First Black at Augusta Downplays Controversy

From Associated Press

Ron Townsend, president of Gannett Television, is the first black member of the Augusta National Golf Club, but the 48-year-old self-confessed golf nut said his acceptance had nothing to do with the racial controversy that raged at last month's PGA Championship.

Augusta National officials made the official announcement Tuesday, saying Townsend, who heads six of Gannett's television stations, had accepted membership in the Georgia club, site of the annual Masters tournament.

The action by the club followed a summer of golf's racial discontent, centered on the racial policies of Shoal Creek Country Club near Birmingham, Ala., where the PGA Championship was played.

Townsend, in a telephone interview from a hotel room in Boston, where he was on a business trip, said he met five or six weeks ago in Washington with members of Augusta National, and membership was discussed and accepted then.

"I had a meeting there with members of Augusta National, which was prompted by the chairman of our company, John Curley, who mentioned my name to some folks," he said.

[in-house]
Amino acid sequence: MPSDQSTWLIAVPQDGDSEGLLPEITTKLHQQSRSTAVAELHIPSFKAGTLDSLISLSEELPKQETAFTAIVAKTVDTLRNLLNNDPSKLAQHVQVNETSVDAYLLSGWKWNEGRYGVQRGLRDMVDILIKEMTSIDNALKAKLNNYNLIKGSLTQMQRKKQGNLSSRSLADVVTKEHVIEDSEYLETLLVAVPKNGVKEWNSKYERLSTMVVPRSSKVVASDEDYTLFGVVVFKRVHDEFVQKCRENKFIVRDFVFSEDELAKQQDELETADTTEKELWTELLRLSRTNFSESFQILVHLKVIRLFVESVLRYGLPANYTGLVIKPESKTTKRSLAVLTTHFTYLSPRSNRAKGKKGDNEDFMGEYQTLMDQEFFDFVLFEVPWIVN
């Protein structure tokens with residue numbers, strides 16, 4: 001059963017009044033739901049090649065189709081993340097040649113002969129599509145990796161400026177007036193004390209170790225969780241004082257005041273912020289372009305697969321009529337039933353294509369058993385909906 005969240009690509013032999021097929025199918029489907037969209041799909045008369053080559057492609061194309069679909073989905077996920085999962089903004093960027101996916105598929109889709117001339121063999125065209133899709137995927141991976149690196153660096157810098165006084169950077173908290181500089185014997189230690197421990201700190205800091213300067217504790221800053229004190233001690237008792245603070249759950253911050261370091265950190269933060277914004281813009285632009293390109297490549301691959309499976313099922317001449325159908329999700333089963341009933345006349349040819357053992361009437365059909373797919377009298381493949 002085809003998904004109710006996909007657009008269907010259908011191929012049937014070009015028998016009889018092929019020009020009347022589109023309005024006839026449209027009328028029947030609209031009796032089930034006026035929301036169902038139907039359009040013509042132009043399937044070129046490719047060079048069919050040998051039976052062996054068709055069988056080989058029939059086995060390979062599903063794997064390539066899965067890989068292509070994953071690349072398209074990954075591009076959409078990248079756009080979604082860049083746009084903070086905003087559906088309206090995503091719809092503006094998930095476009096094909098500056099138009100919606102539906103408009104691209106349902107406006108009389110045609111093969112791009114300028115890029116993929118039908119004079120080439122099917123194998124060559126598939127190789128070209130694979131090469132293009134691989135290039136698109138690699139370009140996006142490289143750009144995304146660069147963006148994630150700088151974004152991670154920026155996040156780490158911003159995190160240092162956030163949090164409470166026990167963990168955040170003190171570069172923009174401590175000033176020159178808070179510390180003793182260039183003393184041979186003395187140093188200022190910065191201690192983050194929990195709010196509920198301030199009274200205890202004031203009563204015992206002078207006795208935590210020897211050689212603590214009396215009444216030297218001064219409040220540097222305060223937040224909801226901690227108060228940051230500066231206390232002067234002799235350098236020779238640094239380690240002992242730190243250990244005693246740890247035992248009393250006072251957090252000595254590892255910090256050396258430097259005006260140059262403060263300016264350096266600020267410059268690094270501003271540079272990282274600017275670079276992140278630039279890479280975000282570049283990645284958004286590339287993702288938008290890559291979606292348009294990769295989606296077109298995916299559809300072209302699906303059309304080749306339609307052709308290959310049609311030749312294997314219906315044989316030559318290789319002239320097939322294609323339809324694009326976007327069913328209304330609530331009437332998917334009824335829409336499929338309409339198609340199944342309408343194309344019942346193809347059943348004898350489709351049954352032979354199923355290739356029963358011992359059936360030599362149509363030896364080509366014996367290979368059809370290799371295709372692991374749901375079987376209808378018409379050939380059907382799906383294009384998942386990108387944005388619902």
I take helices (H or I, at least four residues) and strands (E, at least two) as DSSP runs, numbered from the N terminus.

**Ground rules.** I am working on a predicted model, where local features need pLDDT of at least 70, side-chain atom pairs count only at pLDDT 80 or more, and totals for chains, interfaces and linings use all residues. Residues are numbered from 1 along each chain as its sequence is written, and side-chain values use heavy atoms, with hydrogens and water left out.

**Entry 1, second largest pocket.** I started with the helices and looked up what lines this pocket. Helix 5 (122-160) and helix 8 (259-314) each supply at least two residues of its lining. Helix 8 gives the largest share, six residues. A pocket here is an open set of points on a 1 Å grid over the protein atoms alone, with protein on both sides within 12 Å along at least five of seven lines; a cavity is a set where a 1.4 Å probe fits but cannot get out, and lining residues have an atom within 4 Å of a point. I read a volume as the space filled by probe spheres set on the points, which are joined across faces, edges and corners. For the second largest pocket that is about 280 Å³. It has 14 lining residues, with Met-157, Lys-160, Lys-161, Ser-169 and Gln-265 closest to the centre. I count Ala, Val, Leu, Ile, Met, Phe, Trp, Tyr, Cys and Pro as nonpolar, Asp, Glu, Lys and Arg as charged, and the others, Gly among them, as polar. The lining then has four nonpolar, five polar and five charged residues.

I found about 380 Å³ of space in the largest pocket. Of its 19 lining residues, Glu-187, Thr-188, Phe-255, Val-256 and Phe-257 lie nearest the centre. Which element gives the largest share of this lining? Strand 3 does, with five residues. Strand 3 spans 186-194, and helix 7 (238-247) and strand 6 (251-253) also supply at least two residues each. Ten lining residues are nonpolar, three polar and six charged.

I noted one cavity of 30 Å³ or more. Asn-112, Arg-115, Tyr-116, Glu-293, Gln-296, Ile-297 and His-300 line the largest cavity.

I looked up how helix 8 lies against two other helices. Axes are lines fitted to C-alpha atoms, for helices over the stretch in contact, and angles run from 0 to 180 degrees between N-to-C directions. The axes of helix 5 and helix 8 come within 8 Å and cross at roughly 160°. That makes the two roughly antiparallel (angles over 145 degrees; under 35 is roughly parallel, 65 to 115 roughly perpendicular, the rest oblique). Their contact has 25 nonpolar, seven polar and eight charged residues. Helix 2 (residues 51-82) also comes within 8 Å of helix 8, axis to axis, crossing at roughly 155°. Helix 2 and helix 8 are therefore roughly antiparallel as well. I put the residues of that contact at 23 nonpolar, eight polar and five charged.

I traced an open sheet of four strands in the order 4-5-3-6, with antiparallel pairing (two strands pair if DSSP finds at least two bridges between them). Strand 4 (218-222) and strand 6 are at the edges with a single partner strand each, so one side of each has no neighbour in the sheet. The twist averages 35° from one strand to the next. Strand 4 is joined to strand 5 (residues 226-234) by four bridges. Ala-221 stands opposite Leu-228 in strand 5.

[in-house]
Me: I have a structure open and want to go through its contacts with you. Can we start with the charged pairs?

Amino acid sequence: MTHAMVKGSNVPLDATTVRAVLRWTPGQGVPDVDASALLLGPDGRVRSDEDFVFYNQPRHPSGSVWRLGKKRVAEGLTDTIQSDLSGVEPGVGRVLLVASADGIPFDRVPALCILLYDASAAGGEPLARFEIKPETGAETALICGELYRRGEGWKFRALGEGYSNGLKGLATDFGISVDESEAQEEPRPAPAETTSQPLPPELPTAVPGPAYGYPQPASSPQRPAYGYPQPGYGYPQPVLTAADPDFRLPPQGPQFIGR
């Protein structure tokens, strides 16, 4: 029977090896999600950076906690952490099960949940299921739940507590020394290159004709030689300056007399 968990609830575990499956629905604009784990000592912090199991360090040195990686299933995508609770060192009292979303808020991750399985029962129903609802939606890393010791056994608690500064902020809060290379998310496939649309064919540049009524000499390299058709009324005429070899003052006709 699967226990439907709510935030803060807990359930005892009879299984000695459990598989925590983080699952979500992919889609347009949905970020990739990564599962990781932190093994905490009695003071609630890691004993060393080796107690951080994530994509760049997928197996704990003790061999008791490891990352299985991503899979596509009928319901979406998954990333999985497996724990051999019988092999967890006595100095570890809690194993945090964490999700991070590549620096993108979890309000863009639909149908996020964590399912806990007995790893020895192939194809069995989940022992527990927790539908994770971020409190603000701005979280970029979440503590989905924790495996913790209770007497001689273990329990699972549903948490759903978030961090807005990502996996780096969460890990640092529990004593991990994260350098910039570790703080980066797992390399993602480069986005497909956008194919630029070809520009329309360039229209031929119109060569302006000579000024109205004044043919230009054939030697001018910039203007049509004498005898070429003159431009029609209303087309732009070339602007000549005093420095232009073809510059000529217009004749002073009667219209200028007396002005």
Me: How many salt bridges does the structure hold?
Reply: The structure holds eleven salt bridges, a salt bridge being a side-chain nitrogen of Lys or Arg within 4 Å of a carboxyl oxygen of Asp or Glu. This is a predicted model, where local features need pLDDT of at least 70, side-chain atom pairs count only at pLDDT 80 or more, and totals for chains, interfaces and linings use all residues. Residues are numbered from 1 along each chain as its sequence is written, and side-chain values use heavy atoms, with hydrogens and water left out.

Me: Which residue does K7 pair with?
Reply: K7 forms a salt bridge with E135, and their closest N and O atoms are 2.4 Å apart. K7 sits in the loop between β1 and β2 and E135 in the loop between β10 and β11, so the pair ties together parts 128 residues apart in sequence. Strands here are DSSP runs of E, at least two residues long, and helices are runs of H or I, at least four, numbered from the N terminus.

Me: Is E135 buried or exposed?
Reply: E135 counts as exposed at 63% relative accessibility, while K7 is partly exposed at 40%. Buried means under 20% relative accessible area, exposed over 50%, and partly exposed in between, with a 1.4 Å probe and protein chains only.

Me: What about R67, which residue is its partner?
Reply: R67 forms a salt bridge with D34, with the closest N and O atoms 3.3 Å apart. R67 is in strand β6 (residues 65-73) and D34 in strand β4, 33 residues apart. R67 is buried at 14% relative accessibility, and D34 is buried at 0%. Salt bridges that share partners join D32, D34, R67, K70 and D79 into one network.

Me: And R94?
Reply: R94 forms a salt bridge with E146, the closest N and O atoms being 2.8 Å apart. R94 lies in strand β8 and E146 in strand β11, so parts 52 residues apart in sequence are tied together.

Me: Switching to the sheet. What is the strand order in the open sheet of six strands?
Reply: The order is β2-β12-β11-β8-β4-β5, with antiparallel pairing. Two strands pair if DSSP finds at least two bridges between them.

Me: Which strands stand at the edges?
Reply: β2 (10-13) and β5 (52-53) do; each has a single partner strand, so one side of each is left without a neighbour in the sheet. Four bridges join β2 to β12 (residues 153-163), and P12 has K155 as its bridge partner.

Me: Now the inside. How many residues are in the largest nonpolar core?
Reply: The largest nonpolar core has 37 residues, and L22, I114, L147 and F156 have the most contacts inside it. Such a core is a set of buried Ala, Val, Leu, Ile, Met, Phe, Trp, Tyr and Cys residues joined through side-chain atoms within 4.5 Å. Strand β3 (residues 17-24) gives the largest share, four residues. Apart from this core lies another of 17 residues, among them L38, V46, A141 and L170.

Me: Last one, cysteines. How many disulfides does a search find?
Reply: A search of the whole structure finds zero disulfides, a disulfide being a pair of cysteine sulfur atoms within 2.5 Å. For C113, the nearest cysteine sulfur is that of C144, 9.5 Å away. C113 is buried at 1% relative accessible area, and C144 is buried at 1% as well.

"It was around the same time as Shoal Creek, but they made it clear that it (accepting a black) had been discussed months before," Townsend said. "It's conceivable that the Shoal Creek thing put in on the front burner, but it was not a direct result of that.

"I enjoy the game of golf and the opportunity to become a member of Augusta National was obviously an opportunity I didn't waste any time in accepting and plan to enjoy," he said. "I consider it an honor."

Townsend was given a full membership, unlike Louis Willie, the first black member at Shoal Creek. Willie, who is not an avid golfer, has an honorary membership.

Townsend, who has served as director of field services for the Children's Television Workshop and was involved in the children's programs "Sesame Street" and "Electric Company," said he plays golf often and is looking forward to playing Augusta.

"I'd categorize myself as a golf nut. I'm a 15 handicap. I shoot in the mid- to high 80s on a good day, and I hope I can maintain my handicap when I play there," Townsend said.

"But, I think I'll be so awed in that environment that scoring will not be a priority. It's such a beautiful golf course. Hopefully it will be conducive to good play for me," he said.

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